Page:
Those who have shared a room with infected people are being kept on board under further quarantine.

Around 600 people are expected to disembark on Thursday, 500 of whom will return to their homes in Japan, according to the health ministry. On Wednesday, 800 people left the ship including foreigners who left on evacuation flights.

“We are asking people to keep an eye on their temperature at home,” a health ministry official told Reuters. The government handed out pamphlets with advice on the disease, which has killed more than 2,100 people, mostly in China.

Some experts, however, worry returnees could infect others. Findings published in the New England Journal of Medicine on Wednesday suggest the virus may be spread more easily than previously thought, including by carriers who have no symptoms.

The health ministry official said the United States had taken the decision to risk bringing home infected passengers, and it was up to each country to quarantine people entering their ports as appropriate.

“Our stance is that Japan as the local authority has already quarantined these people for two weeks,” the official said, adding that if people sent home from the Diamond Princess later test positive, they would have caught the virus off the ship.

(Additional reporting by Akiko Okamoto, Ju-min Park, Hideto Sakai, Daewong Kim, Elaine Lies, Makiko Yamazaki and Tim Kelly; writing by Linda Sieg and David Dolan; Editing by Sam Holmes, Michael Perry and Peter Graff)

Passengers depart coronavirus cruise ship at last; Japan’s effort under fire

By Linda Sieg and Ryan Woo

TOKYO/BEIJING (Reuters) – Hundreds of people began disembarking a cruise ship in Japan on Wednesday after being held on board for more than two weeks under quarantine, as criticism mounted of Japan’s handling of the biggest coronavirus outbreak outside China.

A member of the media approaches a passenger after he walked out from the cruise ship Diamond Princess at Daikoku Pier Cruise Terminal in Yokohama, south of Tokyo, Japan February 19, 2020. REUTERS/Athit Perawongmetha

Even as patients trundled off the Diamond Princess cruise liner with their suitcases, Japanese authorities announced 79 new cases had been discovered on board, bringing the total above 620, well over half the known cases outside mainland China.

In China itself, the death toll from the coronavirus climbed above 2,000, but the tally of newly reported cases fell for a second day to the lowest since January, offering hope and helping Asian shares and U.S. stock futures rise.

China is struggling to get its economy back on track after imposing severe travel restrictions to contain a virus that emerged in the central province of Hubei late last year.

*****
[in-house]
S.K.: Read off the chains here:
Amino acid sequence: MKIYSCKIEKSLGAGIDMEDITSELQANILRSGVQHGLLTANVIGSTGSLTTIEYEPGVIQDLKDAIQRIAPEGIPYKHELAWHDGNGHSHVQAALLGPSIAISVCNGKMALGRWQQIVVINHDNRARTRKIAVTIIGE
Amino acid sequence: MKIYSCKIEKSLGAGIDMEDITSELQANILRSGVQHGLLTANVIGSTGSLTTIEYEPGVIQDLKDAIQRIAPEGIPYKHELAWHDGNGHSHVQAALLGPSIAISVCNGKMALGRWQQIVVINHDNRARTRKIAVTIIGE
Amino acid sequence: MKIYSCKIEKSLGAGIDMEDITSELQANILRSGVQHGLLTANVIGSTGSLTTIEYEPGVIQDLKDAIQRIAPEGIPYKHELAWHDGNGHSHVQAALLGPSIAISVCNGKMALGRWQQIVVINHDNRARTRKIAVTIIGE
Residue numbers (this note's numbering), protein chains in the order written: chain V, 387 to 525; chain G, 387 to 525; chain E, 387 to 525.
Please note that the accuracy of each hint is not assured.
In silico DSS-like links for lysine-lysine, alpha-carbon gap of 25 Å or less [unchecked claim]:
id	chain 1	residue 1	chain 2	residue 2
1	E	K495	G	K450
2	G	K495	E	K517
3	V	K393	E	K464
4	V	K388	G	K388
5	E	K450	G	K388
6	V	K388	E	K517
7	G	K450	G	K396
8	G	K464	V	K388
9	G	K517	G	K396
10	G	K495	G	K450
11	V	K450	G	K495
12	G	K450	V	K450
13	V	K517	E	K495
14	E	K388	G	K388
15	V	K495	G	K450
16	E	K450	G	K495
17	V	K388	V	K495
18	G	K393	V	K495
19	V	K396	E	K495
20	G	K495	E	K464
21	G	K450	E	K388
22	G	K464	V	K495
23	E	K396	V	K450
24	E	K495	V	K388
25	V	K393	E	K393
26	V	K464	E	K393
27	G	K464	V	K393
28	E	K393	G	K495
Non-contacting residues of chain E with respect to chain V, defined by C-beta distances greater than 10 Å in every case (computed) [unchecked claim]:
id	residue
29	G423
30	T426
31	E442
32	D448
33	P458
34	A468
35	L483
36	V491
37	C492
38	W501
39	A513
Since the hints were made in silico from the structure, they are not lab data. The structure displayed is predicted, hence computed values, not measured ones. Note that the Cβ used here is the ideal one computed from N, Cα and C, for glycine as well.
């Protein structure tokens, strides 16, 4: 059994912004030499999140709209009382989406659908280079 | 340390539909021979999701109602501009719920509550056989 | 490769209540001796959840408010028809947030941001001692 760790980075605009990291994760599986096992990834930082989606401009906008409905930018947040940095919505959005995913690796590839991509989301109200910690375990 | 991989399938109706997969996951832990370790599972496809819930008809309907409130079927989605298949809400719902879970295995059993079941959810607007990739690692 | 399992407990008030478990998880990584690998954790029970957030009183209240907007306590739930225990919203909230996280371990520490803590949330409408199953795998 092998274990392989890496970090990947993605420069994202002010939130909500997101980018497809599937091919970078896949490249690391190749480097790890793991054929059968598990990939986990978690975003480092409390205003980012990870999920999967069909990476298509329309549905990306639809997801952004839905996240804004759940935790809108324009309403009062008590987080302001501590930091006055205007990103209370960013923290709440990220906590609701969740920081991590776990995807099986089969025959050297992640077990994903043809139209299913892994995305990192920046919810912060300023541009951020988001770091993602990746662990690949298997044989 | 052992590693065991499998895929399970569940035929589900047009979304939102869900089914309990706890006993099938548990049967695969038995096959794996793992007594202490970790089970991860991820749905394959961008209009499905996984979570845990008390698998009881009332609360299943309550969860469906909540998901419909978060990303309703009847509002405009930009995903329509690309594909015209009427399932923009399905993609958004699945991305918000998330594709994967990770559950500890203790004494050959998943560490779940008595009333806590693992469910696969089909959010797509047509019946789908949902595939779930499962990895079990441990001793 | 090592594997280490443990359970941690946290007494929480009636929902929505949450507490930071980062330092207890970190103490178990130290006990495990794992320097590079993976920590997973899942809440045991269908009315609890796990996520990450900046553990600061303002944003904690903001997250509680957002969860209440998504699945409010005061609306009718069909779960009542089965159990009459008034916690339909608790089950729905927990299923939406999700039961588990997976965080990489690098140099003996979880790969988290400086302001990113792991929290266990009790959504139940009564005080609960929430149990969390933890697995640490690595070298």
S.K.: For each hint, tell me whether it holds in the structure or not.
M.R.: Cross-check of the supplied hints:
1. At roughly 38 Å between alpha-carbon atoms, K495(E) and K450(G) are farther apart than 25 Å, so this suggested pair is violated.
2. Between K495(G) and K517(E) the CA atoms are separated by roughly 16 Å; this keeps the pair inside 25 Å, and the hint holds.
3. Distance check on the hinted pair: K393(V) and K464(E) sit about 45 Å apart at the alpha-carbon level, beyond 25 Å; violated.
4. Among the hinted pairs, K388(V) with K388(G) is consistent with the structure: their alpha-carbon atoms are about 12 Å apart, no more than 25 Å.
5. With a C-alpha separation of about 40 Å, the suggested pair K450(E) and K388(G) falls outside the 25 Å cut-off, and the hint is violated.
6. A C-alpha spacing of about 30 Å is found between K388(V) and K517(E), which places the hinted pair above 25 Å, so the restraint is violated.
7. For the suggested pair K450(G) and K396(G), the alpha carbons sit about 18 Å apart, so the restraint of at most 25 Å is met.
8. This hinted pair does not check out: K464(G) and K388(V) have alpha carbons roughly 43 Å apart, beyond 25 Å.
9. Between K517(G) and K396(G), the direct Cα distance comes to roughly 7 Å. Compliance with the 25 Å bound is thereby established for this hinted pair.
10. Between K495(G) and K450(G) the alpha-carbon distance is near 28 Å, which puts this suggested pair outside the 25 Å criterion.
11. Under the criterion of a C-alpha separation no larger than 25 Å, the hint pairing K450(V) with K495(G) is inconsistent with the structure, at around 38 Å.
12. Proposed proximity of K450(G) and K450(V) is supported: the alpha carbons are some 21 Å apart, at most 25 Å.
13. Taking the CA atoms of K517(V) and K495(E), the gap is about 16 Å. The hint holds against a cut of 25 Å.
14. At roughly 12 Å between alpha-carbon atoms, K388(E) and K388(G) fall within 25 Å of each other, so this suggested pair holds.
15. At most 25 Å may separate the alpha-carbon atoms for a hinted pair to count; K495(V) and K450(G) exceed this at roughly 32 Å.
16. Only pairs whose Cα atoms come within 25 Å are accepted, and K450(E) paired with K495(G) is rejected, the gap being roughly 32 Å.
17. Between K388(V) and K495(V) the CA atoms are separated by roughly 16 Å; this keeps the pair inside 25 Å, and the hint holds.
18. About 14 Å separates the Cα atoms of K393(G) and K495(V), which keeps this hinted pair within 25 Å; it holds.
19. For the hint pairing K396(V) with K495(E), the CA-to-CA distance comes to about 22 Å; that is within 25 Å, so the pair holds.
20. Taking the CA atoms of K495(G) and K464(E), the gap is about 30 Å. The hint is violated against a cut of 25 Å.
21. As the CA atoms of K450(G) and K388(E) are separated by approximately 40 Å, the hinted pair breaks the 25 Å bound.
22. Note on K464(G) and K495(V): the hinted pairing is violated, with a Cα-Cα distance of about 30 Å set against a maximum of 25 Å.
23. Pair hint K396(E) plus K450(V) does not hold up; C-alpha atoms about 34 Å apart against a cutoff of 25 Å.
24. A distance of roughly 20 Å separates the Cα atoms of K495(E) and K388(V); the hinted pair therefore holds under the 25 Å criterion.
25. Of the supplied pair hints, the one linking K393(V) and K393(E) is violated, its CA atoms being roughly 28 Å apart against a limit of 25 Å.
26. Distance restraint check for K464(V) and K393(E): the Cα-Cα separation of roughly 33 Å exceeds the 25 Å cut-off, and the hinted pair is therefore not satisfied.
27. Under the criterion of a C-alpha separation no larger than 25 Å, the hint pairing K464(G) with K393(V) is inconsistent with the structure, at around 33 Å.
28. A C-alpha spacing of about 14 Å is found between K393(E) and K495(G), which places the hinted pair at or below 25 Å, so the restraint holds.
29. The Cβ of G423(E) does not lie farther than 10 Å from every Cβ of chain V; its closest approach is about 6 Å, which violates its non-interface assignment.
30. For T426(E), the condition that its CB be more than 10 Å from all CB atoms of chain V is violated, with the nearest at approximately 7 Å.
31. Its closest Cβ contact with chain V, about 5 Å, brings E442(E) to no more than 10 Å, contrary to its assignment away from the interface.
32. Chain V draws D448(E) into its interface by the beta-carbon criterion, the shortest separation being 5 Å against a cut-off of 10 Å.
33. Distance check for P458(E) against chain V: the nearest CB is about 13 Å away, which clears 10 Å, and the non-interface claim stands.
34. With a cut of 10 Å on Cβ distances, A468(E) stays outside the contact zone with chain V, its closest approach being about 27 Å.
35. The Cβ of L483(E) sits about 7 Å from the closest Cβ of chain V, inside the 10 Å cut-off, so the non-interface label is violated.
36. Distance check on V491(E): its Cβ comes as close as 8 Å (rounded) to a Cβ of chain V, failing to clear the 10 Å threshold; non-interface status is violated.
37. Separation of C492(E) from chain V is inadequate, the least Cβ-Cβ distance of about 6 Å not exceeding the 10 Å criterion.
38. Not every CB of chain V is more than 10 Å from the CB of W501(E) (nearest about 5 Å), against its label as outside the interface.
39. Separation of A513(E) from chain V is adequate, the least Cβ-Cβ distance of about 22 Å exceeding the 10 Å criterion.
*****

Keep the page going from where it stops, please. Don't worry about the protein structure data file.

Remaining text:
Beyond mainland China, six people have died from the disease, and governments around the world are trying to prevent it from spreading into a global epidemic. The Diamond Princess has been quarantined at a dock at Yokohama near Tokyo since Feb. 3, initially with 3,700 people aboard.

From Wednesday, passengers who tested negative and showed no symptoms were free to leave. Around 500 were expected to disembark on Wednesday, with the rest of those eligible departing over the next two days. Confirmed cases were to be sent to hospital, while those who shared cabins with infected passengers may still be kept on board.

Around half of the passengers and crew are Japanese, and are free to go home once cleared to leave. Other countries have said they will fly passengers home and quarantine them on arrival. The United States flew more than 300 passengers to air bases in California and Texas this week.

“I am very keen to get off this ship,” Australian passenger Vicki Presland told Reuters over a social-media link. She was among a group of Australians getting off to catch an evacuation flight back to 14 days of quarantine in the city of Darwin.

Matthew Smith, an American passenger who remained on board after declining the U.S. evacuation earlier this week, tweeted video of passengers departing with their suitcases.

“Captain wishes ‘Arrivederci’ to the guests departing the ship today but omits his usual ‘Buon Appetito’ to those of us who are still awaiting our fates. Hey, what are we – chopped liver?!” he wrote.

Passengers stand on the cruise ship Diamond Princess at Daikoku Pier Cruise Terminal in Yokohama, south of Tokyo, Japan February 19, 2020. REUTERS/Athit Perawongmetha

“COMPLETELY INADEQUATE”

The rapid spread of the disease aboard the ship has drawn strong criticism of the Japanese authorities, just months before Japan is due to host the Olympics.

Infectious disease specialist Kentaro Iwata of Japan’s Kobe University Hospital, who volunteered to help aboard the ship, described the infection control effort on board as “completely inadequate”, and said basic protocols had not been followed.

“There was no single professional infection control person inside the ship and there was nobody in charge of infection prevention as a professional. The bureaucrats were in charge of everything,” he said in a YouTube video.